On startup, the generator will read the operating system environment settings, and provide them as configuration macros, as if you had defined them with let. This can be handy as an alternative to hard-coding macros in a configuration file, or providing them on the generator command line (with the -m command-line option).

Here is an example. Suppose in your config.json you have section like this:

"jobs" : {
  "myjob" : {
    "environment" : {
      "myapp.foosetting" : ${FOOVALUE}
    }
  }
}

then you can provide a value for FOOVALUE by just providing an environment setting for it. E.g. if you are using bash to invoke the generator, you could something like this:

bash> env FOOVALUE=17 ./generate.py myjob

which will result in myapp.foosetting getting the value 17.

A few things are important to note in this respect:

  • The generator includes all the environment settings that the operating system provides. There is no filtering of any kind. This can lead to surprises when you are not aware which settings are available and which not. If in doubt use your operating system's facilities to list the environment settings in effect when you launch the generator.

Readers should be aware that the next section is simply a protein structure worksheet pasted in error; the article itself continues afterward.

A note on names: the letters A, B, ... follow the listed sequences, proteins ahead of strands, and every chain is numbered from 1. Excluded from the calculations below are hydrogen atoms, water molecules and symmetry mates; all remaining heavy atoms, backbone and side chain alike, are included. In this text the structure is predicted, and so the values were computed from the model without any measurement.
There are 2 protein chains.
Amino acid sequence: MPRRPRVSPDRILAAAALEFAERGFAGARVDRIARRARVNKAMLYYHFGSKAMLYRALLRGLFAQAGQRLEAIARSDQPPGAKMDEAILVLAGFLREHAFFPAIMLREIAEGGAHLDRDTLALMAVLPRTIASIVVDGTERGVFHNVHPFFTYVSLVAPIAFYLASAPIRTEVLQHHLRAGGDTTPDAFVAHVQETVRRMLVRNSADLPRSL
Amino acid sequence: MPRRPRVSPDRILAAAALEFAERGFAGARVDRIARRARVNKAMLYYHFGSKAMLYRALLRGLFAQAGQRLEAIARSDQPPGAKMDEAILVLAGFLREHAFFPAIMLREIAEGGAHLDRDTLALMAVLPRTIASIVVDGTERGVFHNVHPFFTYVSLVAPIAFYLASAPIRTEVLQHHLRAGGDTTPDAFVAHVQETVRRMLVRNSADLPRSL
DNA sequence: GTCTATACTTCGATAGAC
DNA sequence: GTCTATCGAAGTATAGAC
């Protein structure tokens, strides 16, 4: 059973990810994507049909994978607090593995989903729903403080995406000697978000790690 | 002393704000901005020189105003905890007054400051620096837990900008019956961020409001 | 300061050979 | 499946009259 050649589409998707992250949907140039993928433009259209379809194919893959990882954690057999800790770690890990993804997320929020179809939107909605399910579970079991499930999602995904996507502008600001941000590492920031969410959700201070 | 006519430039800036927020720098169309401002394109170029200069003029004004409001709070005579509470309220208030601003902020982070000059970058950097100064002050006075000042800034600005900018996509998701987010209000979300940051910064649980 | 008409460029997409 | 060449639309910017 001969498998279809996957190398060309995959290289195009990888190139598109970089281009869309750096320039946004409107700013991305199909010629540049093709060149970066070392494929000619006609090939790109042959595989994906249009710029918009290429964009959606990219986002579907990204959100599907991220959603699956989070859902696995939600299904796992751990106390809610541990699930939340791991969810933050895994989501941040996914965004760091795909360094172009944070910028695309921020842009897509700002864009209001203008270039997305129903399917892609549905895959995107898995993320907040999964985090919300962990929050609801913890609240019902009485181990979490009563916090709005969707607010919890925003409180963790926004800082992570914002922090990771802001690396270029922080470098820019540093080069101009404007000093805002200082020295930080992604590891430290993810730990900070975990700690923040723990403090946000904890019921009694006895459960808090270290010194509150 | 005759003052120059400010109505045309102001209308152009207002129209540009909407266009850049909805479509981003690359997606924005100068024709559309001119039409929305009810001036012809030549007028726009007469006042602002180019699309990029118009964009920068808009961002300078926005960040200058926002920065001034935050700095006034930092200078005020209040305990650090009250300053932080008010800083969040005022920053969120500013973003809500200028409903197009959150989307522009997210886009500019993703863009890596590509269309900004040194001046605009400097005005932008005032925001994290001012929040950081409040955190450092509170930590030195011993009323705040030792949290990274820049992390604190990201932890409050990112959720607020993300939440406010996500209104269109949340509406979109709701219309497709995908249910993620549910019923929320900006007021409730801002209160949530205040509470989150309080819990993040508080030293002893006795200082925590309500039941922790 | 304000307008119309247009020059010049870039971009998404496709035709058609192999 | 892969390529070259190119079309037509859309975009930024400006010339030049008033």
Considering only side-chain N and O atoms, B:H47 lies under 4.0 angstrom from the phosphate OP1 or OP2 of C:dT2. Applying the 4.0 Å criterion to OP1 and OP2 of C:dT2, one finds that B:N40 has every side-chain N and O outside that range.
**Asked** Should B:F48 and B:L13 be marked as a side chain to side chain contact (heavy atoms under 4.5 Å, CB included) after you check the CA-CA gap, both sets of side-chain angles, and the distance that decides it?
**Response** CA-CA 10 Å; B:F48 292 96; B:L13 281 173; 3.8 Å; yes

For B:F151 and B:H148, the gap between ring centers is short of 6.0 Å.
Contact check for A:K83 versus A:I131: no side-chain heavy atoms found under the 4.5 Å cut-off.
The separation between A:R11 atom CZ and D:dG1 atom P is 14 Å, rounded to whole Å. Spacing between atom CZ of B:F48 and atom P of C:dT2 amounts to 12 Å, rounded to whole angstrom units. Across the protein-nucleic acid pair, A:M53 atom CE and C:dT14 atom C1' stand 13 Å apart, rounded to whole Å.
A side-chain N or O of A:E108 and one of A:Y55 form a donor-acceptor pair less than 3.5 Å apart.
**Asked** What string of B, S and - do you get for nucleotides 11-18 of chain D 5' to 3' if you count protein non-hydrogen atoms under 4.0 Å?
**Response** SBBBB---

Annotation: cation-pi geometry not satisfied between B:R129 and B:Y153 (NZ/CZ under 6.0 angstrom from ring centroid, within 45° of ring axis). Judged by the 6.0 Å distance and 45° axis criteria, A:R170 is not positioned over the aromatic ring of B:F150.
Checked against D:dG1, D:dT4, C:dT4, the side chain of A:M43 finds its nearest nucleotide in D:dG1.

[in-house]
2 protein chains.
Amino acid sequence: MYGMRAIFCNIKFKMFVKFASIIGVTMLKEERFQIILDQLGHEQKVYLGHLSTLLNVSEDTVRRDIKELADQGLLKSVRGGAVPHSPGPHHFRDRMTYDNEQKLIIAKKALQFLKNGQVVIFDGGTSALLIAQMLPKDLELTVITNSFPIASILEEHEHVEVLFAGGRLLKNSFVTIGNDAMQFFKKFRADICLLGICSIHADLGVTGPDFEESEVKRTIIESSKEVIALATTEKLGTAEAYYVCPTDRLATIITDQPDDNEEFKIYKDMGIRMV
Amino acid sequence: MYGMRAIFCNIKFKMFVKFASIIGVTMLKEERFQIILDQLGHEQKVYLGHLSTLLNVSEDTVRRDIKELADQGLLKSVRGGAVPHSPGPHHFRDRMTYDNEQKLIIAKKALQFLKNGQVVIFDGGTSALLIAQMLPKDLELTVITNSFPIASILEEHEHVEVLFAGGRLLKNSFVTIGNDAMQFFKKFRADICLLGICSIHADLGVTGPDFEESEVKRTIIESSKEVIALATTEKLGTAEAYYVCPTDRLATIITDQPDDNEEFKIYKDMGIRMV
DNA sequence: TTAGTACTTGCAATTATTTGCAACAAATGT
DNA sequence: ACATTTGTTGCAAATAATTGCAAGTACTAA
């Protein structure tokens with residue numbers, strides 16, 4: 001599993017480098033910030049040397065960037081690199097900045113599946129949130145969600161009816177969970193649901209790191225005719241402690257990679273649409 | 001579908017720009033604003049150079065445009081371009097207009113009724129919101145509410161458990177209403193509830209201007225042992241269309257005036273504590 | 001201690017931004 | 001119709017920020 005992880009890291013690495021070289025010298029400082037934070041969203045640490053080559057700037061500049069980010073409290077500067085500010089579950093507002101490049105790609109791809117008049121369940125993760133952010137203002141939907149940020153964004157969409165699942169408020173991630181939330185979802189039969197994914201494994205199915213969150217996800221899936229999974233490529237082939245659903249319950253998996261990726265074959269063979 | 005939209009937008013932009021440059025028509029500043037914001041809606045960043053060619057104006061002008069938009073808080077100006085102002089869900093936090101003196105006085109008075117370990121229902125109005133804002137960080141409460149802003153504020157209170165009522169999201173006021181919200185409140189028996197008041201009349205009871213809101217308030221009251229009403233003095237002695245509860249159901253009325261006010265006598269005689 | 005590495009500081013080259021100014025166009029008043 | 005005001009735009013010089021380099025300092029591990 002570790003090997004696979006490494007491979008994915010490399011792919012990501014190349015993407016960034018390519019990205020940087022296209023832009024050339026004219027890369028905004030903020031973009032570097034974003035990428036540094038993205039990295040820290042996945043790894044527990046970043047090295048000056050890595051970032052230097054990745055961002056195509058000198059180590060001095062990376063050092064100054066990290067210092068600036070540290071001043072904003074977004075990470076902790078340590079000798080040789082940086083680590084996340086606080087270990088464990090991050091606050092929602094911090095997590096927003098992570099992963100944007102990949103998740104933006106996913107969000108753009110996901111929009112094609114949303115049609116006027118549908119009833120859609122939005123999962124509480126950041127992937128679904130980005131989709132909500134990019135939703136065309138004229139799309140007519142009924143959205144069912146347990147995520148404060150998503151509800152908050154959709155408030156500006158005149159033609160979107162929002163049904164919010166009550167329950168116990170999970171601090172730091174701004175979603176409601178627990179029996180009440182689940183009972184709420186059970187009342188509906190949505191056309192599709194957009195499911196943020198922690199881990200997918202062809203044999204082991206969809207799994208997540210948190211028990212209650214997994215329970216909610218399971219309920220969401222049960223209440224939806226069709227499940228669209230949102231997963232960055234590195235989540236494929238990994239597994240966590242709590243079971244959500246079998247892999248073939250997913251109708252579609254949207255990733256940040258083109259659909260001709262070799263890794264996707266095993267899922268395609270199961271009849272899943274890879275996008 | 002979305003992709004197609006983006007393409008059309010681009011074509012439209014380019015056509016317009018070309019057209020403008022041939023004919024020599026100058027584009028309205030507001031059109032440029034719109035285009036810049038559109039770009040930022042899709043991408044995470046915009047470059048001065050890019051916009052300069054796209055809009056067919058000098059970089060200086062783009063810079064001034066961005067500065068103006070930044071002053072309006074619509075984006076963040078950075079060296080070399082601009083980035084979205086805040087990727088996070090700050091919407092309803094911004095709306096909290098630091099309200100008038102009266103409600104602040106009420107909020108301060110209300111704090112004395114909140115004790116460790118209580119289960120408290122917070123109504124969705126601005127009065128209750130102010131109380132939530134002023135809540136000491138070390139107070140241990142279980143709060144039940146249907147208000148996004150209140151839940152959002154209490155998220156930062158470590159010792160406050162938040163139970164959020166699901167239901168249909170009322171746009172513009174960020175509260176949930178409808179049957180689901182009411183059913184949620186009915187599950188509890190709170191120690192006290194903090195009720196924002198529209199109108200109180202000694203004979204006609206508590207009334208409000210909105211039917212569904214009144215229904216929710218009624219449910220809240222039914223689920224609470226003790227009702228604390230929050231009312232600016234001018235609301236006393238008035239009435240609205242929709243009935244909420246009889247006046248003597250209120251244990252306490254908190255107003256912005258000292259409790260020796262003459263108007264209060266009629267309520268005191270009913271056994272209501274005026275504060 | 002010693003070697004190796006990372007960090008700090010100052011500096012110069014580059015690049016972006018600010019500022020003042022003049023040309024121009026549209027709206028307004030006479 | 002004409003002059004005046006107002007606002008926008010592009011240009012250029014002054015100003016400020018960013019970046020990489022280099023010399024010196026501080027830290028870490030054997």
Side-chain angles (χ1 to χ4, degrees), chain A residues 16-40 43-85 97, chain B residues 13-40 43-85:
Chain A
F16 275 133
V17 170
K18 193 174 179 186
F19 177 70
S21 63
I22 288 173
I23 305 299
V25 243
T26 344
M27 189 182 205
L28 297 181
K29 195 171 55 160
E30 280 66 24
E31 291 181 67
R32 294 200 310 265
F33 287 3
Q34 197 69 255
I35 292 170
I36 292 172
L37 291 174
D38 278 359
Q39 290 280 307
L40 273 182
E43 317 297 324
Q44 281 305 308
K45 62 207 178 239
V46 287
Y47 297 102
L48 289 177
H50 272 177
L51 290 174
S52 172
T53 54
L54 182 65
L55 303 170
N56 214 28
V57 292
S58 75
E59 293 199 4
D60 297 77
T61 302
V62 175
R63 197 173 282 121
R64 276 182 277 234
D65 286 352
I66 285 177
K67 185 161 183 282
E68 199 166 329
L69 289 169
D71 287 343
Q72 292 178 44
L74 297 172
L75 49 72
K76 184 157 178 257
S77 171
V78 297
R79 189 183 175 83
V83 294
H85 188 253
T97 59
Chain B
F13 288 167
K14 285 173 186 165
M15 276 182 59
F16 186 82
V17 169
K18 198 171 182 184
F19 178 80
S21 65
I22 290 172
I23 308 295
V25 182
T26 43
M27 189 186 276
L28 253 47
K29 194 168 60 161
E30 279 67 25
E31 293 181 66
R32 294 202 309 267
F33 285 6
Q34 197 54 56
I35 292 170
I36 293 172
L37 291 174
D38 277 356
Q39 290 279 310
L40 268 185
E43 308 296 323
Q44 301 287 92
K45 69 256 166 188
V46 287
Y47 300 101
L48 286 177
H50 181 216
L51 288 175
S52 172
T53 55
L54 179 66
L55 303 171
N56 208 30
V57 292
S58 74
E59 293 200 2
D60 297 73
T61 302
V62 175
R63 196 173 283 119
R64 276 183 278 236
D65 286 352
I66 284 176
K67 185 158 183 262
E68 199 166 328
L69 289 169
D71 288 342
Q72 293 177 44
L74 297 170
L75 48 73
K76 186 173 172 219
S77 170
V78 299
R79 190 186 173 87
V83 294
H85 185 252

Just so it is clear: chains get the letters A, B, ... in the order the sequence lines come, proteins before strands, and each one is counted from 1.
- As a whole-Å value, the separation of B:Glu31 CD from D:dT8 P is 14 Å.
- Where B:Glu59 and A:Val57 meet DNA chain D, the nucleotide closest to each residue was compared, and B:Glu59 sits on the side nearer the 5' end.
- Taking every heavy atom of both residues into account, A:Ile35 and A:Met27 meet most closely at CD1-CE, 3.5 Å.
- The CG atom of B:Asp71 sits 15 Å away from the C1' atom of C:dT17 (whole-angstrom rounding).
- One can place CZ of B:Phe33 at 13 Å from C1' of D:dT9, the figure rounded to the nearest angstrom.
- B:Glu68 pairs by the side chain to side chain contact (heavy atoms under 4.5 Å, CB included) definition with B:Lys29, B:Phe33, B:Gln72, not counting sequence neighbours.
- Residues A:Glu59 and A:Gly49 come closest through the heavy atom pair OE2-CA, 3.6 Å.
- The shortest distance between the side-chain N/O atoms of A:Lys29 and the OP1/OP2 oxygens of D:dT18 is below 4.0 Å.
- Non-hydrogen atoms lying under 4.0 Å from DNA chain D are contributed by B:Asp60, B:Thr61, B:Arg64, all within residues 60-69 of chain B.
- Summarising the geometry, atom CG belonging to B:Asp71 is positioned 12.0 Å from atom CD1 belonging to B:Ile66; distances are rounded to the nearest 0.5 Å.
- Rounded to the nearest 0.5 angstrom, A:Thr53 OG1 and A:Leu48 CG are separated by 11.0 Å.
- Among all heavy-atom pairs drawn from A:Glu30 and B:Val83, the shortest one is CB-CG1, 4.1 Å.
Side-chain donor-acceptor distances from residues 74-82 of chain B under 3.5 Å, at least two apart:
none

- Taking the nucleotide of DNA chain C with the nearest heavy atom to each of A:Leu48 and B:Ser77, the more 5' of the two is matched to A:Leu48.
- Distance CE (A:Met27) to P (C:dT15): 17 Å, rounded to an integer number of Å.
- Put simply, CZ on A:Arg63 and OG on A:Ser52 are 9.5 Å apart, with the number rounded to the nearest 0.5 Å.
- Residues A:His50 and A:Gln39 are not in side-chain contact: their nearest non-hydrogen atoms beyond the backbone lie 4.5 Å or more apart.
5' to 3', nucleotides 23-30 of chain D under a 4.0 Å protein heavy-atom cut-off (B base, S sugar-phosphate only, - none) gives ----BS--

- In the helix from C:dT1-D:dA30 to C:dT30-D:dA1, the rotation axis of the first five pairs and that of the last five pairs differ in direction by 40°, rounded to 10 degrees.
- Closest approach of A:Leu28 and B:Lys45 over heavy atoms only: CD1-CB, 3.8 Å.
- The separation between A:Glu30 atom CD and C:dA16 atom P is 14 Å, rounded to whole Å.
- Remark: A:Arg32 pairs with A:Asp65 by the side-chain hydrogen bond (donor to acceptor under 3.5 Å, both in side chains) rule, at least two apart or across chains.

• In the parsing of config files and the expansion of generator jobs, the environment settings have high priority. They will take precedence over all settings giving in the configuration files given with let keys. Only macro settings passed through the generator command-line option -m will take higher precedence, and will override environment keys.

"log" Key